There is also a more immediate precipitating factor. On 12 July 1920, at Finaghy field, Edward Carson urged his Orange followers to re-activate the Ulster Volunteer Force if the government would not protect them. The Belfast Newsletter reported his speech:

But we tell you (the Government) this—that if, having offered you our help—and I have offered it to them over and over again—if, having offered you our help, you are yourself unable to protect us from the machinations of Sinn Féin, and you won’t take our help; well, then, we tell you we will take the matter into our own hands. [Cheers] We will re-organise, at all costs, and notwithstanding the consequences, we will re-organise, as we feel bound to do in our own defence, throughout the province the Ulster Volunteers [Loud cheers]—who sent you such splendid help to maintain our Empire during the war. But one thing we will not submit to is that we should be left helpless and hopeless in the face of our enemies, and we tell you that, come what will, in the last resort, we will rely upon ourselves, and, under God we will defend ourselves. [Cheers] Now, I hope that I have made that pretty clear. [Laughter and cheers] And those are not mere words. I hate words without action.’

The London Times commented:

‘If indeed that organisation [the UVF] was revived as a defensive police force for Ulster the most serious consequences would almost certainly ensue. Upon Sir Edward Carson lies largely the blame for having sown the dragon’s teeth in Ireland.’

The pogrom commenced nine days later, on 21 July, in the shipyards in Belfast, organised and planned by the Unionist leadership (using the covers of the Belfast Protestant Association and the strike-breaking Ulster Unionist Labour Association):

‘It is common knowledge in Belfast, and frequently admitted by individual Unionists, that plans were matured at least two months ago to drive all Home Rule workmen in the shipyards out of their employment.’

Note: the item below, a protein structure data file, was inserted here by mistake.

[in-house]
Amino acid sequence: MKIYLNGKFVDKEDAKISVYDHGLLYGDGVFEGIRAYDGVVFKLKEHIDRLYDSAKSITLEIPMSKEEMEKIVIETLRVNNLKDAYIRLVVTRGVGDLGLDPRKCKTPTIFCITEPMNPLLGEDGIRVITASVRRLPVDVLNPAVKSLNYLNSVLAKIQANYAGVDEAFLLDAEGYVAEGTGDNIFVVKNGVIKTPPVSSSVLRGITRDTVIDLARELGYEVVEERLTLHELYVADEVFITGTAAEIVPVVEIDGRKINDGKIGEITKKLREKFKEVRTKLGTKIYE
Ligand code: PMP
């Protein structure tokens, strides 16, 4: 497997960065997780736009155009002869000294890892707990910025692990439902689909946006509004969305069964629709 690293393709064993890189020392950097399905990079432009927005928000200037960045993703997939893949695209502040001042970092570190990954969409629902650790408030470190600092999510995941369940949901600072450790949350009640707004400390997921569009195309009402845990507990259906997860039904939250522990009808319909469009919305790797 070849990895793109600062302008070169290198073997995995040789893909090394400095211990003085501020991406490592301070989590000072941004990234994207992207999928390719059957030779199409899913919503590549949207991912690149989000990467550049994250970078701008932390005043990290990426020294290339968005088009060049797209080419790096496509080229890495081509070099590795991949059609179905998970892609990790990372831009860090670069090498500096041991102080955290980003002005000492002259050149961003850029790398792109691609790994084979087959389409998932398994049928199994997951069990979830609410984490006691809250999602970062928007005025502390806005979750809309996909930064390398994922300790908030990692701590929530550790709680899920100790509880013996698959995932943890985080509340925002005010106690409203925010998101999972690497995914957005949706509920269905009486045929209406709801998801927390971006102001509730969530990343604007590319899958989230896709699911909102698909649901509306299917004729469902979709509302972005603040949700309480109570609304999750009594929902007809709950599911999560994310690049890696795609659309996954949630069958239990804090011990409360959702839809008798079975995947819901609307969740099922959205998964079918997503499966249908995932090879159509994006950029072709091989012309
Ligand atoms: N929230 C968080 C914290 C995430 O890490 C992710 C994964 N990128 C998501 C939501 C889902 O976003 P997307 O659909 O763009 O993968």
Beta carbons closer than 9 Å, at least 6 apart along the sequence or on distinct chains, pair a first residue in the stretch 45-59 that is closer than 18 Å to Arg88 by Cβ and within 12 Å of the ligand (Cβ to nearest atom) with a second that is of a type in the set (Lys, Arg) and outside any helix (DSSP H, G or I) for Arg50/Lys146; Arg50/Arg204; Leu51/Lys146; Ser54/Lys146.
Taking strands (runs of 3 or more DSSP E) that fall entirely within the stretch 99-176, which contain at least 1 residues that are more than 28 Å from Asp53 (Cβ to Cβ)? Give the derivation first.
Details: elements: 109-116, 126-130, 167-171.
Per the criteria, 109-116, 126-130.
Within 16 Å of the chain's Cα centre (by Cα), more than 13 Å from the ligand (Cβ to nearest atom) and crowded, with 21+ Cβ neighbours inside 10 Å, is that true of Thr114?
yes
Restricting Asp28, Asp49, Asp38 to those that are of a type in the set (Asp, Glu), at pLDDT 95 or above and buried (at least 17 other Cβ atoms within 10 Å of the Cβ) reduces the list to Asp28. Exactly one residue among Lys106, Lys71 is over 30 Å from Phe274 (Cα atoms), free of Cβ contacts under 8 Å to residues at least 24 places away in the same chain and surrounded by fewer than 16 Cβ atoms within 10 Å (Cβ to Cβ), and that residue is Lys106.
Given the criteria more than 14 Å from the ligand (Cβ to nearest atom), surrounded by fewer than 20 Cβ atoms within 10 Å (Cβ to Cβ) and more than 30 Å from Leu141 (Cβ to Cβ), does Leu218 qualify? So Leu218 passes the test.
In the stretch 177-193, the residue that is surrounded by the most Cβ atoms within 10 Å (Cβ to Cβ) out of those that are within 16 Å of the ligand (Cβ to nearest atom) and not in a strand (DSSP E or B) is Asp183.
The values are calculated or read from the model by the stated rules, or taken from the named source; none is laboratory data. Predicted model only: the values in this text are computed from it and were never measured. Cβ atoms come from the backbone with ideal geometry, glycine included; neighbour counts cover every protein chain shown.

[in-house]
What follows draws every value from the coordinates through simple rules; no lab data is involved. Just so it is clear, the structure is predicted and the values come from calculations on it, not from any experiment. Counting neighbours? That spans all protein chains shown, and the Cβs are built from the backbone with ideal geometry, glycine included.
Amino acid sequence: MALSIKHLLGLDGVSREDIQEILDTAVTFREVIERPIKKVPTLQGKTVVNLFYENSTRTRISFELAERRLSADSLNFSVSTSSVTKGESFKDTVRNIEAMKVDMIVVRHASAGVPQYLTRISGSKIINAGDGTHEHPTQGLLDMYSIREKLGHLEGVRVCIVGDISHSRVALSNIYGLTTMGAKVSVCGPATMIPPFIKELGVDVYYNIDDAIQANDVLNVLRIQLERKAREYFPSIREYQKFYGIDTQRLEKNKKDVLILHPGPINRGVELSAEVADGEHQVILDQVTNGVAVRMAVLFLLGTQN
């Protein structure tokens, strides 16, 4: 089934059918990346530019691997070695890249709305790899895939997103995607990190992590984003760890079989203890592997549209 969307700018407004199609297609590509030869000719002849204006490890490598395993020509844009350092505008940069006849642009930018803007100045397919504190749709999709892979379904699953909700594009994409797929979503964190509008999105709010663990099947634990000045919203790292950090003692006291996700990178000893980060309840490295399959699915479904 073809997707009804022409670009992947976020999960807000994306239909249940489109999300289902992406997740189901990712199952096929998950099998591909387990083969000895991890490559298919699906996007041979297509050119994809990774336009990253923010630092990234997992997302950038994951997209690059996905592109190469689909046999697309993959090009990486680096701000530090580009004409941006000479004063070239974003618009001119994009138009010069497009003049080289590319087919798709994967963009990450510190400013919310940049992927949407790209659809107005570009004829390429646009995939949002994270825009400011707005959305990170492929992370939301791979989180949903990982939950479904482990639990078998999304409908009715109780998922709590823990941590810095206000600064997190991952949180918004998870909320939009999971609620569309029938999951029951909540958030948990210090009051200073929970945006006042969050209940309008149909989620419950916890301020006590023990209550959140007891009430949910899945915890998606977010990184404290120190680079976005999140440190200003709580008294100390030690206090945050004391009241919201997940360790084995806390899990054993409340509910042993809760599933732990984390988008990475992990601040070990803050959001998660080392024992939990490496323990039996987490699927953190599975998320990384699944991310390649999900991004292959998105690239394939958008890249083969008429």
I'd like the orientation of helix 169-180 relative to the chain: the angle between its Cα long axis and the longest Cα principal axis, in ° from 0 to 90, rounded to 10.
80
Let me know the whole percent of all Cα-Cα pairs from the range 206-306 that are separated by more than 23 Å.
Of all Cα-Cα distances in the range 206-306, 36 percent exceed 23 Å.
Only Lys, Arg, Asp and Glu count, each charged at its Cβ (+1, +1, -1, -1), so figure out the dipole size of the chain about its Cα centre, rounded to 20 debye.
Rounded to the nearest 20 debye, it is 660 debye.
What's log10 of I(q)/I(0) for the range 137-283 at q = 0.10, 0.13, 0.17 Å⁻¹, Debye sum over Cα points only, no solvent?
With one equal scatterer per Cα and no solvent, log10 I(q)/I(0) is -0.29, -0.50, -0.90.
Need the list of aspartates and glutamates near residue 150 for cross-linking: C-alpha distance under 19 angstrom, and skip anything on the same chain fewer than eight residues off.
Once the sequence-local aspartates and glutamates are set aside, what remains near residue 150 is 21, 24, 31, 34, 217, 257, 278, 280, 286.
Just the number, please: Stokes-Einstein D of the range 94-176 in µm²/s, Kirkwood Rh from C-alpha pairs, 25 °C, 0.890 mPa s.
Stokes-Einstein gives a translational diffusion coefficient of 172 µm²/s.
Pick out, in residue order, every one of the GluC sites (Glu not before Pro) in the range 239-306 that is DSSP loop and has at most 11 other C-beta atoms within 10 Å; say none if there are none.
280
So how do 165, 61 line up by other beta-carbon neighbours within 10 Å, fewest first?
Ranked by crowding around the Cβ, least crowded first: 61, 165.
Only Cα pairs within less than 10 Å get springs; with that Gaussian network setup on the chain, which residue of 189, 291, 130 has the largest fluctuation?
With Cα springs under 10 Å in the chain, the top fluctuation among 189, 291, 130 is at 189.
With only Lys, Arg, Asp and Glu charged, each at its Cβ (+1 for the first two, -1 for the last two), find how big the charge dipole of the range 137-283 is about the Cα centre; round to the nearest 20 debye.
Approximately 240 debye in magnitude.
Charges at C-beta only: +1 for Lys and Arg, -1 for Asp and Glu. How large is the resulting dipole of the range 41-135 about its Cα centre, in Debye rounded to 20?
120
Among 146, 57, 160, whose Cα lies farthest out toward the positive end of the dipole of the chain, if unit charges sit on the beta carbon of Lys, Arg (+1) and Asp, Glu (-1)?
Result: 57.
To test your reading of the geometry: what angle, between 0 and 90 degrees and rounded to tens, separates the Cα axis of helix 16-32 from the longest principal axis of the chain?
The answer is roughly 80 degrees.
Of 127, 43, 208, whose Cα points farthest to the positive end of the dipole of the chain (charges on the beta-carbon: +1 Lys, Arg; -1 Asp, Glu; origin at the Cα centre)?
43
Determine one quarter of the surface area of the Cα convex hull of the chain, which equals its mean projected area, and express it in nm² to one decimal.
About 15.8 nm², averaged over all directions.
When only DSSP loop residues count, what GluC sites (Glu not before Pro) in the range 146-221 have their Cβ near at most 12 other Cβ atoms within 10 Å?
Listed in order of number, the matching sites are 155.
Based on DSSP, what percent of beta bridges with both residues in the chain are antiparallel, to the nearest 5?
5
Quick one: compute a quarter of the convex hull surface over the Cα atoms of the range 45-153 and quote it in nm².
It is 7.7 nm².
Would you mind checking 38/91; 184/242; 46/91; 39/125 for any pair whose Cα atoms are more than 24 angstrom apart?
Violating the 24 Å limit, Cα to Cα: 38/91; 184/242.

(Westminster Gazette, 24 July 1920)

‘Belfast is in its present plight and is faced with future trouble simply and solely because there has been an organised attempt to deprive Catholic men of their work, and to drive Catholic families from their homes.’

(Daily Mail, 1 September 1920)

To be clear, all non-Orange, non-loyalist trade unionists (the so-called ‘rotten Prods’) were also included in the expulsions. The major engineering works and the linen mills across the city followed suit. By the end of July nearly 10,000 workers, men and women, had lost their jobs. For the two following years, the UVF in various guises—A, B and C Specials, regular RIC and RUC, and street gangs—terrorised the city’s Catholic population. More than half of the casualties were Catholic (60% according to Robert Lynch), although they represented barely a quarter of the population of the city (24.1% in the 1911 census). In Kieran Glennon’s words, ‘the overwhelming majority of the political violence in Belfast in the pogrom period was perpetrated against Catholics and nationalists’ (HI 28.5, Sept./Oct. 2020).

To say, then, as does Dr Mansergh, that the Belfast pogrom was ‘in reaction to IRA attacks’ is disingenuous. The plans to purge all ‘disloyal elements’ were laid well before the alleged pretexts. Robert Lynch’s study of the northern IRA cites testimony from both republicans and loyalists as to the reality that in 1920 the IRA’s Belfast Brigade existed more in aspiration than practice—‘inactive, small in number and hopelessly isolated’ (The Northern IRA and the early years of partition, p. 37). This is not to deny the impact of the Cork IRA’s assassinations of Lt.-Col. Smyth and DI Swanzy, but it must surely be admitted that targeted assassinations differ in both quality and quantity from the indiscriminate loyalist attacks on the Catholic population in Banbridge and Lisburn, which mirrored the even more savage violence in Belfast.—Yours etc.,



PS: I read Fearghal Mac Bhloscaidh’s Platform piece on revisionism in the same issue with considerable pleasure and relief. I am sure I am not alone in my profound agreement with his argument.